How Pennsylvania’s Act 39 affects business owners

On Behalf of | Mar 15, 2017 | Contracts And Licenses

It is well known among business owners in Pennsylvania that liquor licenses and permits are some of the most complicated pieces of running a service industry business. However in 2016 The Pennsylvania Liquor Control Board (PCLB) became a lot easier to work with when they began accepting requests for various new licenses and permits under the state’s Act 39.

Last year, the state launched PCLB+, an online licensing platform that enables requests for licenses and permits for many service-oriented businesses like restaurants, casinos, and bars. Under Act 39, a new Office of Wholesale Operations was also created to work with large-volume wine distributors.

The new permissions and fees of Act 39

Local business owners and operators may find it beneficial to talk to an attorney before proceeding with obtaining one or more of the licenses listed below. Act 39 is new and will no doubt be tested by those who take advantage of it. Here is a list of what is covered under this new legislation.

  • Expanded wine permits, including “wine-to-go” sales
  • Conversions of “eating plate” licenses to restaurant licenses
  • Casino liquor license permissions to include the allowance of 24/7 service
  • Elimination of the state’s previous direct wine shipper license, now allowing up to 36 cases annually
  • Those previously listed under the category of “direct wine shippers” may now receive new licenses as wineries and wine producers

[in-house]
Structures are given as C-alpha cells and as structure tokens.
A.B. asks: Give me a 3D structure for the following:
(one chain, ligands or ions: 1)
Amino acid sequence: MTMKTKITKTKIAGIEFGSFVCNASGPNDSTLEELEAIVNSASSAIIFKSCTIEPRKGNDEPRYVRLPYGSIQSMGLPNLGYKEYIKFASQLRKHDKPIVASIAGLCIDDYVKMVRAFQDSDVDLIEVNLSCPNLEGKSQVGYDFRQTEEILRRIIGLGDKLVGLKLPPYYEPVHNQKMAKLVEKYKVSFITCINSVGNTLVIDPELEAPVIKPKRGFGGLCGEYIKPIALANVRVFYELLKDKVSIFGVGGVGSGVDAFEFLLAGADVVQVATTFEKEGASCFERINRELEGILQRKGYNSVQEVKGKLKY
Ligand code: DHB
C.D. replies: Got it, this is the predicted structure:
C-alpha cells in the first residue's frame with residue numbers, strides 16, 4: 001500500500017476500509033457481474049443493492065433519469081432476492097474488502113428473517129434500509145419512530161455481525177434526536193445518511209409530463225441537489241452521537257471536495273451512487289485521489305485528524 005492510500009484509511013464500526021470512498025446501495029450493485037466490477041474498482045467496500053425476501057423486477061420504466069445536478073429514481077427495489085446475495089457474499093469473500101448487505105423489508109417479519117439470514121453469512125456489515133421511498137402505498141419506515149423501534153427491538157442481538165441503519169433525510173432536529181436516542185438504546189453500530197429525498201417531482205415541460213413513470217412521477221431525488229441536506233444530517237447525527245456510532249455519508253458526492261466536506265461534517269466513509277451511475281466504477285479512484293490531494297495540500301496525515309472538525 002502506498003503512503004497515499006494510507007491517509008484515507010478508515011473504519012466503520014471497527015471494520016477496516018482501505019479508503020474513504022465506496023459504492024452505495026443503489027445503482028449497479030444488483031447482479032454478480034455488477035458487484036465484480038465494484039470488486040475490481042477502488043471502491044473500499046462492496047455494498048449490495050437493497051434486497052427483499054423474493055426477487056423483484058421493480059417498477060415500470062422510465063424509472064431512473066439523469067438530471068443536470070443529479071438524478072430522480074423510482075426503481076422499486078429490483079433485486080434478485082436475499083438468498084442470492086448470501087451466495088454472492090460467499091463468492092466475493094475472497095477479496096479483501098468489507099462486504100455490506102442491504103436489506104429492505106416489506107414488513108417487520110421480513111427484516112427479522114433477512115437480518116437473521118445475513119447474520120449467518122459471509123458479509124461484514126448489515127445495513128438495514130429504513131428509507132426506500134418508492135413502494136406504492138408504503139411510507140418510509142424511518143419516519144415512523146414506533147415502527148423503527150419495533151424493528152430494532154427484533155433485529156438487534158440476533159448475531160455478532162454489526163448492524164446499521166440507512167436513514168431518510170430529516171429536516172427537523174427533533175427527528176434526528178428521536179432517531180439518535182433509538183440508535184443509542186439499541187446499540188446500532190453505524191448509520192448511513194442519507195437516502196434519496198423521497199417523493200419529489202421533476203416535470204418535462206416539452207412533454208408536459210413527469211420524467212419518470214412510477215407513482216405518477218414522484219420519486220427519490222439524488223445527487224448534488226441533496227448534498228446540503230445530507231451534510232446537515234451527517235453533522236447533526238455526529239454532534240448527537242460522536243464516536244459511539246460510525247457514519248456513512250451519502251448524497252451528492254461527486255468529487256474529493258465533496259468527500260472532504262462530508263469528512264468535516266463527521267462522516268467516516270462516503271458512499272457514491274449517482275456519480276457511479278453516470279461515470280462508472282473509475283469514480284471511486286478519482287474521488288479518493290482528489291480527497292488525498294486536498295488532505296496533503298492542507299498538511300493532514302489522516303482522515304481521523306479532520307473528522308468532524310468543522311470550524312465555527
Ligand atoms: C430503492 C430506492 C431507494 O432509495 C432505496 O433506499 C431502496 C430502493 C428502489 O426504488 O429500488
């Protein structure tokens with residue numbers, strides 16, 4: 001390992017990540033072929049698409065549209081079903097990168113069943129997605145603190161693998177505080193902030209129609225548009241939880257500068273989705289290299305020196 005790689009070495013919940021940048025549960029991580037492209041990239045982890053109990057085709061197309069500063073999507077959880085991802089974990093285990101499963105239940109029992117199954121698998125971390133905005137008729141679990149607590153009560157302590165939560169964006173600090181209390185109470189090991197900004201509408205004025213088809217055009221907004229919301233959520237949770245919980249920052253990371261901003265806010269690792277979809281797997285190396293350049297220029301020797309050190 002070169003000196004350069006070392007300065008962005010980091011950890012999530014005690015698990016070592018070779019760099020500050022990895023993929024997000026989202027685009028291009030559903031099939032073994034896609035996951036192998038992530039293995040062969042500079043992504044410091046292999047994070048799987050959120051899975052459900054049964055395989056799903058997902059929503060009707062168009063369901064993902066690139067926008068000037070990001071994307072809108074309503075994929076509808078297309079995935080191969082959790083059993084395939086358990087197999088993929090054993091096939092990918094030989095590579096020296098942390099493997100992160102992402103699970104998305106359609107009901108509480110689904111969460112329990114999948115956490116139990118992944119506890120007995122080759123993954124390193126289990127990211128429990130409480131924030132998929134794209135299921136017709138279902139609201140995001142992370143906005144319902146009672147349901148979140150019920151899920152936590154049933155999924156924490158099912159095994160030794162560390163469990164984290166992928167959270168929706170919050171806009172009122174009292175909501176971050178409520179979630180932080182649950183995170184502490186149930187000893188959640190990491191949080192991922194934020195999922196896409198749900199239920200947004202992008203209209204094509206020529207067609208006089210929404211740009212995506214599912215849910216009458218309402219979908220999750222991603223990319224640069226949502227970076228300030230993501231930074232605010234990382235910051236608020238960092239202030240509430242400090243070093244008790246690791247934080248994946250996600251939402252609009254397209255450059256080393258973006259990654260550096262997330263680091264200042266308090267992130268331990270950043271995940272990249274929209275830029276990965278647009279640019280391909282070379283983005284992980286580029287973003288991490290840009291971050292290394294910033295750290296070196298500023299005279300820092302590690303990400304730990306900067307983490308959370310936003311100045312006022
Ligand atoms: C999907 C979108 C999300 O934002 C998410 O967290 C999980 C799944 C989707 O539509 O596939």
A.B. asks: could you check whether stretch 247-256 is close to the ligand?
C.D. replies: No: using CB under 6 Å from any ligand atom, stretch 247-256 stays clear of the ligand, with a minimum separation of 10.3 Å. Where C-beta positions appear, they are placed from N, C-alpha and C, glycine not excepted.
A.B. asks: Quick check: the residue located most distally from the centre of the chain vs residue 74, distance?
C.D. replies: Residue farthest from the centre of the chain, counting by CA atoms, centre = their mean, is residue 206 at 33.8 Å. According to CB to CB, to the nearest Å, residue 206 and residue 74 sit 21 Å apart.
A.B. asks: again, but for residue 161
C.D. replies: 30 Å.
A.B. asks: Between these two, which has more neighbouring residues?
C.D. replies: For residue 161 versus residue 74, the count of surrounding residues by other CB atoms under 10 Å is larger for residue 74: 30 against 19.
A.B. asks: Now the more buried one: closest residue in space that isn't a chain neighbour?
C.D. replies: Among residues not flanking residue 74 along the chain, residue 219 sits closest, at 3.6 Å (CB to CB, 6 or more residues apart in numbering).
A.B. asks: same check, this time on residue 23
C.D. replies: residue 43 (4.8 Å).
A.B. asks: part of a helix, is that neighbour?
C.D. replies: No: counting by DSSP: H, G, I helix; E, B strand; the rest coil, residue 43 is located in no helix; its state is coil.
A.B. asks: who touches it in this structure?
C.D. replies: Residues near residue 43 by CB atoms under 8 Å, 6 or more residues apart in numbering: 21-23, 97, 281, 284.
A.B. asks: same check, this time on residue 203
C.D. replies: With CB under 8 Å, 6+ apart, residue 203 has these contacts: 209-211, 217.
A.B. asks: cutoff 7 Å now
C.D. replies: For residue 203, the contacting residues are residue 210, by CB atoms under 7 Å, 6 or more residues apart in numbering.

The PCLB+ can be accessed by a licensee or new business by registering on the website with an access code. There are many requirements for obtaining and maintaining legal licensure under Act 39, which is why an attorney may be necessary for correctly interpreting the PCLB’s Act 39 of 2016.

Who benefits from my taxes paid?

New business owners should know that the PCLB has many facets that go beyond just licensing and permitting. The taxes and fees paid by businesses help to support the state, including its schools, law enforcement programs, public safety and health and human services. In other words, fees paid to the PCLB are for the overall betterment of the state’s citizens.

If you are operating a business that would like to take advantage of these changes to Pennsylvania’s liquor licensing law, you should probably do more than just read what’s on the PCLB website. Liquor licensing and permitting is a complex process, and many businesses stay afloat with liquor sales. Losing a license can put your business in deep trouble. A short meeting with an attorney can prevent many headaches for you and your business.


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